Berlyn chose a beautiful teal knit fabric and wanted the pockets trimmed with white lace. This blouse is long in style and meant to be worn with a tank top and either leggings or skinny jeans.

Cheyenne (who has always loved tigers!) chose a tiger print knit fabric and wanted it trimmed with black knit fabric. She'll wear hers with a tank top beneath and cute jeans.

I finished these two blouses last week. Shopping with my grand daughters to have them pick out their own patterns and choice of fabric is so much fun. Maybe we can do it again soon.

Aroma Fields Candles & Bath

Saturday, August 8, 2009

Over My Dead Pancreas!

... Give Me More Health Problems...NOT!

Prior to beginning the radiation/chemo, which is the next phase of treatment, I met with the Radiologist Oncologist for a consultation.
When he shared with me that he was going to radiate my entire (remaining) pancreas which offers a guarantee that I would become a moderate to severe diabetic, I froze in my chair. Hell no! I put the treatment on hold while I took the time to talk with other doctors. Truly, in all the research I've done, I've never found any incident where the outcome was as drastic as what he was about to bestow upon me. Further, I was consistently finding information stating that radiation therapy was controversial; that it's benefits are so minimal that Great Britain had discontinued it's use for pancreatic cancer treatment.

I realize there are others in worse condition than I...those who would allow their pancreas to be fried and fed to the neighbors dog for a chance to live a few extra years. But what I'm discussing here is specific to my situation...someone who has been given the gift of life of a few more years OR, by the grace of God, may end up in the low percentage of survivors who live well beyond 5 years.

In meeting with my Oncology Surgeon, he shared that radiation therapy, in fact, not only offers minimal benefit but in some cases, can make things worse. He talked with the Radiation Oncologist and insisted that he did not want me to become diabetic, given the very high risk that this cancer will return and quality of life is a factor. He does believe that we should do all we can as it is a standard therapy for pancreatic cancer in the United States (which is much lacking in current research!!). So now the radiation will be isolated to the surgical sight of the pancreas only. This will offer a much, much lower risk of becoming diabetic.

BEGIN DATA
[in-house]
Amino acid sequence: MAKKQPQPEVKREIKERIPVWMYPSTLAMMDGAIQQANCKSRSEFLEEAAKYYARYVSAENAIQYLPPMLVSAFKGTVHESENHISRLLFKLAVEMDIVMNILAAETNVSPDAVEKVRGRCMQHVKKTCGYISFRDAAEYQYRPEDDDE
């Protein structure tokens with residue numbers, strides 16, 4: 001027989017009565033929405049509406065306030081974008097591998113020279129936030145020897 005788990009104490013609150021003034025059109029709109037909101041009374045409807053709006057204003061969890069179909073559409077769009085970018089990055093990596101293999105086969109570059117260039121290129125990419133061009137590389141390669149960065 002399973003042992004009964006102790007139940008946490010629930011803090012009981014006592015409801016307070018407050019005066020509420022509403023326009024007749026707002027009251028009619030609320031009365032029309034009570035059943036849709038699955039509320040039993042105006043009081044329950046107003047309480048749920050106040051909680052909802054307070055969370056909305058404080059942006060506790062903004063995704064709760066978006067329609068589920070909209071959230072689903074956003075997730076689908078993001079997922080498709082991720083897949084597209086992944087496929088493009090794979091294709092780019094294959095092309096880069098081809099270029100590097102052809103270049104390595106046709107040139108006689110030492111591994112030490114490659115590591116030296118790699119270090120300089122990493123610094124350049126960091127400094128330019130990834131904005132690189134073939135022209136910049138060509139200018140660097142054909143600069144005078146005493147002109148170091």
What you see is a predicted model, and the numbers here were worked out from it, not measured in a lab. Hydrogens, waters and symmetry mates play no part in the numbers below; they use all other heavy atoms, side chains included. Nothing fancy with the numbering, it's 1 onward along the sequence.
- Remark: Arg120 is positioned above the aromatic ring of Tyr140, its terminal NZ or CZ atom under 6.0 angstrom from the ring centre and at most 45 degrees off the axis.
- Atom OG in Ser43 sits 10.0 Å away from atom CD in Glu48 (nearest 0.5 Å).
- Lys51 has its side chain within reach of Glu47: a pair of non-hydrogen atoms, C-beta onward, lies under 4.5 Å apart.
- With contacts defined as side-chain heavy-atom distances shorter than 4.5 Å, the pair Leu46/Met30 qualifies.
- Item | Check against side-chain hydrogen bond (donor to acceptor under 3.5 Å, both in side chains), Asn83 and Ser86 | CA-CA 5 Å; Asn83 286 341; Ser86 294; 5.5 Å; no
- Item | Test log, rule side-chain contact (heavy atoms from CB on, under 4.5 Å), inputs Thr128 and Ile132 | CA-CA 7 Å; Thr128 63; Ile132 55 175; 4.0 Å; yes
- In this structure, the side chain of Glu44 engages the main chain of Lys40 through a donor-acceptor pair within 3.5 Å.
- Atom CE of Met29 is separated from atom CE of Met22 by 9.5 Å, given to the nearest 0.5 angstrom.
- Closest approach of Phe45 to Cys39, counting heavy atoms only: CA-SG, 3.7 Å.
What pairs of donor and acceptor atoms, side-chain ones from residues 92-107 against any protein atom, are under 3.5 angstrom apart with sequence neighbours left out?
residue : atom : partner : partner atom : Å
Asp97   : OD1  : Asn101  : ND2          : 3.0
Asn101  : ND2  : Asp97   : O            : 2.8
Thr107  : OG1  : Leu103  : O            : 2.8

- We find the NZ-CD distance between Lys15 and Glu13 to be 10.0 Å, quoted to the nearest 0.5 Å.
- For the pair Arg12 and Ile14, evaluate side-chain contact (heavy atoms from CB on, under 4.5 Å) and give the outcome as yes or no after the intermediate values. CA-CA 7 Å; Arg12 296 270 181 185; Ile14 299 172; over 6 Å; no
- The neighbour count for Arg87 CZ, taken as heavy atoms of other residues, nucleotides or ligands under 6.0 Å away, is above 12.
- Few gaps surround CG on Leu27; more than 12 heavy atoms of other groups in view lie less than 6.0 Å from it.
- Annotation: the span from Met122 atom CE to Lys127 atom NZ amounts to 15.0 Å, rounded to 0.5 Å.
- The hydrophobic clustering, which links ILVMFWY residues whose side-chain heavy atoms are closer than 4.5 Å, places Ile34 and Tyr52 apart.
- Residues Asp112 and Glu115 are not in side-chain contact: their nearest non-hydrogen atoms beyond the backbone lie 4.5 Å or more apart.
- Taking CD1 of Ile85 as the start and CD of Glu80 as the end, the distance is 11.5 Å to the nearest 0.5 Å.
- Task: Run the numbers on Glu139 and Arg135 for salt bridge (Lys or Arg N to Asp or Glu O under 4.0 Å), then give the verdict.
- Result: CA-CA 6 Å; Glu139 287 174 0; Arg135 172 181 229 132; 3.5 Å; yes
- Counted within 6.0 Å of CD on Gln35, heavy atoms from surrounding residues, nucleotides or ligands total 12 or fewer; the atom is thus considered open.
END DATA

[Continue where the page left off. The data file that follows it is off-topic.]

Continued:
I'll now take this therapy and it begins August 17th. Even though the statistics dictate that this cancer will return, thus, my prognosis isn't very good, there's a 20% chance that I could survive this and live a long life. The 20% group of survivors had radiation therapy...I'll follow the herd. I wouldn't want to end up with the cancer coming back and wondering "what if...". You know, that 20% group is there for a reason. I plan to be part of it!

Aroma Fields Candles & Bath

Wednesday, August 5, 2009

Jam, Pickles and Onions - Oh My!

Home Canning and Preserving . . .
(Yes, I Can!)

During the Summer, I finally quenched a desire to do some home canning. I've always wanted to but never took the time to learn. In searching for the information, I realized that the process wasn't that difficult. Following the proper recipes, canning can be a safe and fun experience...and a delicious reward!

Along with making bread & butter pickles and some red onions in red wine vinegar, I found a recipe for strawberry jam that only takes half the amount of sugar. It tastes wonderful and you can't even tell that the sugar is reduced. It makes 6 to 7 half pint (8oz)size jars and goes like this:

You will need:
6 cups crushed strawberries
4 cups sugar (instead of the usual 7...eek!)
1-1/2 packages Ball No Sugar Needed Fruit Pectin
4 Tbsp lemon juice

1.) PREPARE boiling water canner. Heat jars and lids in simmering water until ready for use. Do not boil. Set bands aside.
2.) MIX 1/4 cup sugar with the No Sugar Needed Pectin. Set remaining sugar aside.
3.) COMBINE crushed strawberries, lemon juice and sugar/pectin mixture in a 6 or 8quart saucepan. Bring to a full boil over medium-high heat, stirring frequently. It should take about 5 minutes to come to a full boil that cannot be stirred down.
4.) ADD remaining sugar and boil again for one minute, stirring frequently. (If you bring it back to a full boil fairly slowly (on medium heat rather than high) that will help reduce foaming).
5.) SKIM off any excess foam. (Foam... What is it? Just jam with a lot of air from the boiling. But it tastes more like, well..foam, than jam, so most people remove it).
6.) LADLE hot jam into hot jars leaving 1/4 inch headspace. Wipe rim. Center lid on jar. Apply band until fit is fingertip tight.